Imagine that!

December 21, 2006 9:28 AM  
Blogger digger said...

"I'm with Robert on this."

See, everyone can find common ground somewhere. The Mall is beautiful when it snows.

rrjr

December 21, 2006 9:35 AM  
Anonymous Anonymous said...

Report Says Clinton Aide Hid Secret Papers

By LARRY MARGASAK

AP

WASHINGTON (Dec. 21) - President Clinton's national security adviser removed classified documents from the National Archives, hid them under a construction trailer and later tried to find the trash collector to retrieve them, the agency's internal watchdog said Wednesday.

The report was issued more than a year after Sandy Berger pleaded guilty and received a criminal sentence for removing the documents.

Berger took the documents in the fall of 2003 while working to prepare himself and Clinton administration witnesses for testimony to the Sept. 11 commission. Berger was authorized as the Clinton administration's representative to make sure the commission got the correct classified materials.

Berger's lawyer, Lanny Breuer, said in a statement that the contents of all the documents exist today and were made available to the commission.

But Rep. Tom Davis, R-Va., outgoing chairman of the House Government Reform Committee, said he's not convinced that the Archives can account for all the documents taken by Berger. Davis said working papers of National Security Council staff members are not inventoried by the Archives.

"There is absolutely no way to determine if Berger swiped any of these original documents. Consequently, there is no way to ever know if the 9/11 Commission received all required materials," Davis said.

Berger pleaded guilty to unlawfully removing and retaining classified documents. He was fined $50,000, ordered to perform 100 hours of community service and was barred from access to classified material for three years.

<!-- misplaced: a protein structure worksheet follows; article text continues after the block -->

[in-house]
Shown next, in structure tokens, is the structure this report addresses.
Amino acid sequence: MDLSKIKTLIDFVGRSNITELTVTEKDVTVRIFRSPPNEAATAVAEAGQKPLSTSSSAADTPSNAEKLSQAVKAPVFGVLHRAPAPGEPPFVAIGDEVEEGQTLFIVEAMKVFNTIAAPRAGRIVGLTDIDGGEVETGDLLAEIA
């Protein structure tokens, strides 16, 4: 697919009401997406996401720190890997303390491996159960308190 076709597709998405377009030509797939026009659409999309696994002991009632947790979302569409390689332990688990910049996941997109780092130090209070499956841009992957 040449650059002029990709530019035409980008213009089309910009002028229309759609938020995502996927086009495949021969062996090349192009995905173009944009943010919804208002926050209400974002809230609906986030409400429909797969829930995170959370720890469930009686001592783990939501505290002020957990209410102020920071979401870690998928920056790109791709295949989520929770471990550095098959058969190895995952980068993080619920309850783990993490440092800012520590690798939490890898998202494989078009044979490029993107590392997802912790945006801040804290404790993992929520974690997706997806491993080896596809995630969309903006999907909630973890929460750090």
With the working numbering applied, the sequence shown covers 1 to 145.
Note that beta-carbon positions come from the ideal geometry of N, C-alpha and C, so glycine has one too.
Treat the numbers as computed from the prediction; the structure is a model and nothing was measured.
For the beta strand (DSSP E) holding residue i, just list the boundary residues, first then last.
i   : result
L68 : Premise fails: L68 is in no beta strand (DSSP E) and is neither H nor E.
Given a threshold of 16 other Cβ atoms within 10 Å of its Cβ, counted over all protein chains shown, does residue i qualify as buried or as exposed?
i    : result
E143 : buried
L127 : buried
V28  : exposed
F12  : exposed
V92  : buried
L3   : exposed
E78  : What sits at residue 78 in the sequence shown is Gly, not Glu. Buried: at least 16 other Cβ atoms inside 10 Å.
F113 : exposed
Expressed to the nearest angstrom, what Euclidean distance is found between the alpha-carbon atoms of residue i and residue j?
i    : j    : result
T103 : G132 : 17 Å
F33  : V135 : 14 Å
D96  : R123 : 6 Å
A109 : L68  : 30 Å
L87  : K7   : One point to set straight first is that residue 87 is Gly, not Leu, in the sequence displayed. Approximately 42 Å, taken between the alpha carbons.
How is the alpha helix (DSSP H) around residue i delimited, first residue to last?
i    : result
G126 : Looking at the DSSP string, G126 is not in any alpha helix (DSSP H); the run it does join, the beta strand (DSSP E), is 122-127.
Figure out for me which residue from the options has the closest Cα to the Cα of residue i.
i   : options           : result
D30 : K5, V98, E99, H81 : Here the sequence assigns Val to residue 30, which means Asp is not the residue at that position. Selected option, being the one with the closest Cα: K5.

Officials told The Associated Press at the time of the thefts that the documents were highly classified and included critical assessments about the Clinton administration's handling of the millennium terror threats as well as identification of America's terror vulnerabilities at airports and seaports.

December 21, 2006 11:11 AM  
Blogger JimK said...

I find it interesting that somebody thinks a news story saying that a Republican congressman "is not convinced" that a Democrat didn't steal some papers is related to a survey about premarital sex. I was going to delete it, but decided to leave it up.

JimK

December 21, 2006 11:40 AM  
Blogger Randi Schimnosky said...

Anonymous said "As for the other matter, the teen pregnancy rate among 15-19 years old kids was 106.7 per 1000 in 1986 and 83.6 in 2000. During this time, abstinence programs spread across the country. Even the advocates of valueless sex ed had to acknowledge this and began to pay grudging mention to abstinence in their programs.".

Anonymous, I never heard anyone advocate valueless sex education. You neglect to mention that during this time comprehensive sex education programs also spread across the country. The American Journal of Public Health, hardly a liberal think tank, studied this and found.

"The overall pregnancy risk index declined 38%, with 86% of the decline attributable to improved contraceptive use. Among adolescents aged 15 to 17 years, 77% of the decline in pregnancy risk was attributable to improved contraceptive use."

"In communities where more than 20% of young adults had taken virginity pledges, STD rates were 8.9%compared to 5.5% in communities with few pledgers."

Peter Bearman and Hanah Brückner, “After the promise: The STD consequences of adolescent virginity pledges,” Journal of Adolescent Health 36.4 (2005): 271-278.

The Abstinence Clearinghouses' misleading attempt to compare YRBS numbers to the Texas study in no way explains that prior to participating in an abstinence-only-until-marriage program, 23% of ninth grade girls had engaged in sexual intercourse. Following the program, 29% of the same age group reported having engaged in sexual intercourse. In addition, tenth grade boys reporting sexual intercourse increased from 24% to 39% following abstinence-only-until-marriage instruction.


The Abstinence Clearinghous organization you quoted is right wing religiously based (it even sells "what would Jesus do" purity rings in its online store) and has a significant conflict of interest because it earned fees from abstinence-only resource providers whose curricula it evaluates